Next week marks the release of the third J.K. Rowling-scripted Fantastic Beasts film, a series that has overstayed its welcome.

This latest iteration is subtitled The Secrets of Dumbledore. As if to wrong-foot those who would smirkingly speculate that one of Dumbledore’s secrets is his sexuality, the film opens with the old wizard and his former lover-turned-nemesis Grindelwald (now played by Mads Mikkelsen, replacing a disgraced Johnny Depp) mourning the end of their love affair, which at least makes the homosexual subtext hinted at in previous films explicit.

But that, alas, is about it for any kind...

Next week marks the release of the third J.K. Rowling-scripted Fantastic Beasts film, a series that has overstayed its welcome.

This latest iteration is subtitled The Secrets of Dumbledore. As if to wrong-foot those who would smirkingly speculate that one of Dumbledore’s secrets is his sexuality, the film opens with the old wizard and his former lover-turned-nemesis Grindelwald (now played by Mads Mikkelsen, replacing a disgraced Johnny Depp) mourning the end of their love affair, which at least makes the homosexual subtext hinted at in previous films explicit.

But that, alas, is about it for any kind of coherence, or interest, or originality. Instead, there are beasts, fantastic and not-so-fantastic, Eddie Redmayne looking irritatingly kooky and flustered, and an increasingly incomprehensible mythology that makes one wonder if Rowling, her co-screenwriter Steven Kloves and director David Yates have any idea how the series will conclude.

We have been threatened with five films in this series, though it looks like Dumbledore, the third of the Fantastic Beasts pictures, might be the last. Not only is the projected box office opening of $50 million considerably less than that of either the 2016 original ($74 million) or the 2018 sequel ($62 million) — themselves both seen as disappointments — but the off-screen antics of the cast and crew are becoming an embarrassment to Warner Brothers.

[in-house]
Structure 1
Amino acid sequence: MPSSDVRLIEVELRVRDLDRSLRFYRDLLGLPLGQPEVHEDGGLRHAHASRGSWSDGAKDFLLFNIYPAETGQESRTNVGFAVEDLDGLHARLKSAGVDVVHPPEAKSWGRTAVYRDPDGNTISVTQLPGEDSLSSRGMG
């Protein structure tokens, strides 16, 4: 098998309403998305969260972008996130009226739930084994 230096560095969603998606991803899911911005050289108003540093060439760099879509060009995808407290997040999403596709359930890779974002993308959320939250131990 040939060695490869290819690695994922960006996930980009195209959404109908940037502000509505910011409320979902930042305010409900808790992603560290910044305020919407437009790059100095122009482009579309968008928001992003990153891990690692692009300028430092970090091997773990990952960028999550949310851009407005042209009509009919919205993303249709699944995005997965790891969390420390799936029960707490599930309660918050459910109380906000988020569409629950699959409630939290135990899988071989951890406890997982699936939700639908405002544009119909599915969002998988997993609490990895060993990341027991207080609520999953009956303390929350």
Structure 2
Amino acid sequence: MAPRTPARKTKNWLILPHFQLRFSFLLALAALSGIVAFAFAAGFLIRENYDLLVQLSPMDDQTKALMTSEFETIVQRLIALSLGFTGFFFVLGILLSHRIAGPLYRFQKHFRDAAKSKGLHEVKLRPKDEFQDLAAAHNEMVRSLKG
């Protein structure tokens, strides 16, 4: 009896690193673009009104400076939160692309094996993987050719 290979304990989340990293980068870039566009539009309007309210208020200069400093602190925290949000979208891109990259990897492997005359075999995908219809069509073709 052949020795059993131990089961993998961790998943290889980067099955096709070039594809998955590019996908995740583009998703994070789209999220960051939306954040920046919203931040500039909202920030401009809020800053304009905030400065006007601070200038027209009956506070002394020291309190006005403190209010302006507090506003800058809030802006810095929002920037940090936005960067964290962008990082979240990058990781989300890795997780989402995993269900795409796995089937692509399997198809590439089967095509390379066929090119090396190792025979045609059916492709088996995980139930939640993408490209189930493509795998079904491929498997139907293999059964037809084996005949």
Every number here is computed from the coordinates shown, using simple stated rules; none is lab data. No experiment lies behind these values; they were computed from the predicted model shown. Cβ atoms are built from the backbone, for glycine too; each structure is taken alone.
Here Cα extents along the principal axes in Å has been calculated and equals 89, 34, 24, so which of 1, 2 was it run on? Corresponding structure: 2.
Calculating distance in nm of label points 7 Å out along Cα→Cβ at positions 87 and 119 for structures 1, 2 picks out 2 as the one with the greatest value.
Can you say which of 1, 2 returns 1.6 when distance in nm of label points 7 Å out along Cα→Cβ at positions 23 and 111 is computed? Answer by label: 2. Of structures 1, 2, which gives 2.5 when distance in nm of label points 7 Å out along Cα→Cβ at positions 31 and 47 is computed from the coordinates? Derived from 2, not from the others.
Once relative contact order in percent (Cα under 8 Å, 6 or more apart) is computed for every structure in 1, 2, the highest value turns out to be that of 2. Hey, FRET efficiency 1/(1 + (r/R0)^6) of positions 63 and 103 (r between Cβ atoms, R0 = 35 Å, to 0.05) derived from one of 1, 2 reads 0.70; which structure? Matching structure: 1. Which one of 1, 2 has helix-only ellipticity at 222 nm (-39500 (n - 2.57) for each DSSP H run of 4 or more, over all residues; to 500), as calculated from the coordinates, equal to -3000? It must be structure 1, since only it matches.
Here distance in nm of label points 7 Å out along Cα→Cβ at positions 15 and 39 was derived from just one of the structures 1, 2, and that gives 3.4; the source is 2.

Though Depp has been canned and replaced by a better actor, Ezra Miller playing secondary antagonist Credence Barebone is now problematic because of various allegations of theft and assault that have been leveled against him. And, of course, there is the J.K. Rowling issue.

By now, you will know where you stand on Rowling, so there is no point in rehashing the issues at play there. But her outspoken social and political views have certainly not endeared her to many who otherwise would have bought tickets. While it seems unlikely that there will be any formally organized boycotts or protests, Rowling will not be involved in publicizing the film in any way — about which both she and the studio seem perfectly happy.

Rowling is cheerfully tweeting about beards and trans issues, but makes no mention whatsoever of a major blockbuster film she has co-written and produced that is to be released in British theaters this weekend. One might think that she has been asked — or instructed — not to say anything.

But leaving aside issues of cancelation and bad blood with the filmmakers, it is also unclear why this franchise ever existed in the first place. Say what you like about the weaknesses of the Harry Potter series, but those films exist as faithful — perhaps overly faithful — adaptations of the books and are a pleasant enough illustrated companion to them. Conversely, Fantastic Beasts has no particular raison d’etre, being mired in incomprehensibility from the off. There can be no danger or jeopardy about its principal character of Dumbledore, and few are likely to be invested in the fate of Eddie Redmayne’s Newt Scamander.

The only reason for the series to crank its computer-generated bones wearily into life is money. And there’s a good deal less of that than there used to be.

Escapist cinema is something we could all do with more of, and there may even be those who are more inclined to see a Fantastic Beasts film out of solidarity with its creator. But this watered-down, lackluster excuse for fantasy is something that audiences could well do without. When it inevitably flops at the box office, let’s put these beasts out of their misery for good.